So what is so revolutionary about La Peau? “It’s our texture,” she answers simply. “It light and it’s not greasy so it doesn’t clog your pores and instead absorbs the vitamins. We have three products and they have more anti-oxidants in them than others – a day, night and eye cream, and it only takes a small amount of each to regenerate and heal the skin.”
Sensing my hesitation, Khanjian adds, “We cannot sell a product that doesn’t work because we don’t have the millions in marketing. Others can maybe but we cannot.” La Peau’s key ingredient is BeCell, a non-irritating anti-aging complex that boosts the regeneration of the skin. “When we added SPF to our products it reduced the anti-oxidant/anti-aging properties by 99%, so we removed it because the product would not have worked anymore.” Khanjian who received the Ernst & Young Entrepreneur of the Year award in Canada in 2007, is equally candid about their reasons for not being 100 per cent organic. “Organic is sexy but you need science to act as a vehicle to penetrate the skin and we are a science based company. You cannot do it organically.”
Convinced that their secret to success has been their formula, which consists of one part cream and two parts gel, how do the forty-something sisters, who pride themselves on running a two-woman ship to keep costs low, protect themselves from industry heavy weights without having it patented? “As you know when something is patented you have to reveal the formula’s ingredients and we don’t want to do that. We work with several consultants and scientists who have all signed non-disclosure agreements, but regardless the formula is unique to us and its made by our scientist in his lab and is then handed over to a different factory where they make the actual products but they’ve no idea what’s in the formula,” she says.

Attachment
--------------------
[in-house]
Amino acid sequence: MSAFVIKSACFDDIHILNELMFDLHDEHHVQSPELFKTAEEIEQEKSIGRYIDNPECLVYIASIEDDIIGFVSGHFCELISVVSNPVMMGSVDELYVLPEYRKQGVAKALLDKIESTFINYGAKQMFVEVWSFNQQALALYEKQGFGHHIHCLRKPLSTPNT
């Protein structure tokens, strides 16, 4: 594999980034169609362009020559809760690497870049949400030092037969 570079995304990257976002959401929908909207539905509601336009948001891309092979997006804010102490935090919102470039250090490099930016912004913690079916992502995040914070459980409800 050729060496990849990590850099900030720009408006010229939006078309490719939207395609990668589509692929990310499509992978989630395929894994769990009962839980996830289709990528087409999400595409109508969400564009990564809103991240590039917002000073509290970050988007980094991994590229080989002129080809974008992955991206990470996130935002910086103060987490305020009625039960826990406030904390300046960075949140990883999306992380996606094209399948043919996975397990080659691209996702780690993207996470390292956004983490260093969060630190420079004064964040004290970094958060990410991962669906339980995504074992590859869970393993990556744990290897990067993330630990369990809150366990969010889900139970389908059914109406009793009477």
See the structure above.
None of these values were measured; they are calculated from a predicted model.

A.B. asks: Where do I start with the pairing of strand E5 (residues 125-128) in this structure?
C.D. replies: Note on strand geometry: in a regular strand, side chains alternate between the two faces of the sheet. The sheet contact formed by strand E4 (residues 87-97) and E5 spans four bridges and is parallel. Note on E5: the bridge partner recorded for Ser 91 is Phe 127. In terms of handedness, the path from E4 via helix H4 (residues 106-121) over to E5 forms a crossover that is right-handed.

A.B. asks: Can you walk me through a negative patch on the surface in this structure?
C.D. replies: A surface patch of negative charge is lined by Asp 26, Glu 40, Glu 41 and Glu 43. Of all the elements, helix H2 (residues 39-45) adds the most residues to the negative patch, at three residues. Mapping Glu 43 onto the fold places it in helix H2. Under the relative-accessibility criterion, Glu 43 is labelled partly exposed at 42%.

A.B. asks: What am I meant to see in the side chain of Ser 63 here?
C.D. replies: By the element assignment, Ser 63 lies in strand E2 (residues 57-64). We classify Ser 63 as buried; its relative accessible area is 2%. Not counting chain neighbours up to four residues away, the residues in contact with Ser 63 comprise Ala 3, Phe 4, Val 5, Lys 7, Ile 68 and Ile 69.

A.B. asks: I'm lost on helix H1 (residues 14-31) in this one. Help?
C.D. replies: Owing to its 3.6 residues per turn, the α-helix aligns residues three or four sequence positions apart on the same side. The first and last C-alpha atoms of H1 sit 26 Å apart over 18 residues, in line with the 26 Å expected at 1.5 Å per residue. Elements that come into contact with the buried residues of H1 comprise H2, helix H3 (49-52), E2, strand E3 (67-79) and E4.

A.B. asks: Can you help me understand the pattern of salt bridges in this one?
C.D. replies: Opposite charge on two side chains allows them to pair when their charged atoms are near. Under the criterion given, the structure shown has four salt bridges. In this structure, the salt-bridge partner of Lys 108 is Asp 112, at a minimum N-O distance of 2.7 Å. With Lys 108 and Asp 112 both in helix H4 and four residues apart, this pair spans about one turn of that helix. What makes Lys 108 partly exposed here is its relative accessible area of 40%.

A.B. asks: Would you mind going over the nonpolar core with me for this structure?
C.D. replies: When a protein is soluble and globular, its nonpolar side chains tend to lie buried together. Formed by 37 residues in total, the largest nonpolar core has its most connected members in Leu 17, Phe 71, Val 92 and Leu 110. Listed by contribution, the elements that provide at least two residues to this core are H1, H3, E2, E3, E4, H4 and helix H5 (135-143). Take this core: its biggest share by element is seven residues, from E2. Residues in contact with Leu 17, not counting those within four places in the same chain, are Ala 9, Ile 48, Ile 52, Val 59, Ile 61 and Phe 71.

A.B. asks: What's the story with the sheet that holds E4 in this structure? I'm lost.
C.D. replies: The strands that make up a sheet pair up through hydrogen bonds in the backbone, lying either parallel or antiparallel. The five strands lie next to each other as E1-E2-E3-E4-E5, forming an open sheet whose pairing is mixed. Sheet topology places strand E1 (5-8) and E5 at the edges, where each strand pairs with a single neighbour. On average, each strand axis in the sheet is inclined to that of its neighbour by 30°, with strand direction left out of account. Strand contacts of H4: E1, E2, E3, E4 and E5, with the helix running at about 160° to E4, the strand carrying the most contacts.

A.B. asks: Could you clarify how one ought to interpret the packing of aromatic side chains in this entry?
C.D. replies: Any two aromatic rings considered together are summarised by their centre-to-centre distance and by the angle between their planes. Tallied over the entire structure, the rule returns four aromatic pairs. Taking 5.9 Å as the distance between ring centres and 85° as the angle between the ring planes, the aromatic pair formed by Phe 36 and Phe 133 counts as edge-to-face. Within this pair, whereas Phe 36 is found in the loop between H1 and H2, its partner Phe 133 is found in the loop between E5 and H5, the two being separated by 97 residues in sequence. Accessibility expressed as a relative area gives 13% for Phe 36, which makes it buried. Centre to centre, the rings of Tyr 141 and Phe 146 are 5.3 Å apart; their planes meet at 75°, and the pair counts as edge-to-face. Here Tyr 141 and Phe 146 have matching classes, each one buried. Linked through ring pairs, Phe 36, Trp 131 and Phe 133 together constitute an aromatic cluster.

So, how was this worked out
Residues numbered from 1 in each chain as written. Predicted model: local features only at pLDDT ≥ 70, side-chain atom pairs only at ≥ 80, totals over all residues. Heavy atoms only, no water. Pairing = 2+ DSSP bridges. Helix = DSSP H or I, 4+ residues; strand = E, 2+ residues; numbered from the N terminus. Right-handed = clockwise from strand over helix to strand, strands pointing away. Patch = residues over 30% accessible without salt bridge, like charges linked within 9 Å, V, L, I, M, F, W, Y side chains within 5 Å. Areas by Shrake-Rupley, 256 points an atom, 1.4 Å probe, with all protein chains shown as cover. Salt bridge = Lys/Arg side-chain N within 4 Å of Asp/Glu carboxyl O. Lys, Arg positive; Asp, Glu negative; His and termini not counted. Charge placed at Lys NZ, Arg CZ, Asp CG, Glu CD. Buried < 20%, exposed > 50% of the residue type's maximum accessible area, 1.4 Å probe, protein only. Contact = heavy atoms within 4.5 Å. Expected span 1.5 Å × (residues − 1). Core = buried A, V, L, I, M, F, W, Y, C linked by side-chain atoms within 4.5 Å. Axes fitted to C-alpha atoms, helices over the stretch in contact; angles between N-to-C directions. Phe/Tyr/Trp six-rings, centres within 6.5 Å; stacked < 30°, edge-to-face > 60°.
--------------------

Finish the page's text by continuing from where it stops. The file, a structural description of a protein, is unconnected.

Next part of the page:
Le Peau, which is one of the least expensive Swiss skincare brands on the market ($85 for the day cream), is stocked in pharmacies, medical spas and renowned plastic surgeon offices across the US, Switzerland, Japan and the Middle East including Lebanon and the UAE. Khanjian says the ultimate goal is to partner with larger distributors and enter flagship retail stores like Harrods in London. They are currently in talks to partner with the Chalhoub Group in Dubai, although no deal has been reached yet. “We are just two sisters, how much can we do on our own?” she asks. Well, if there negotiating skills are anything to go by, then a lot is the answer.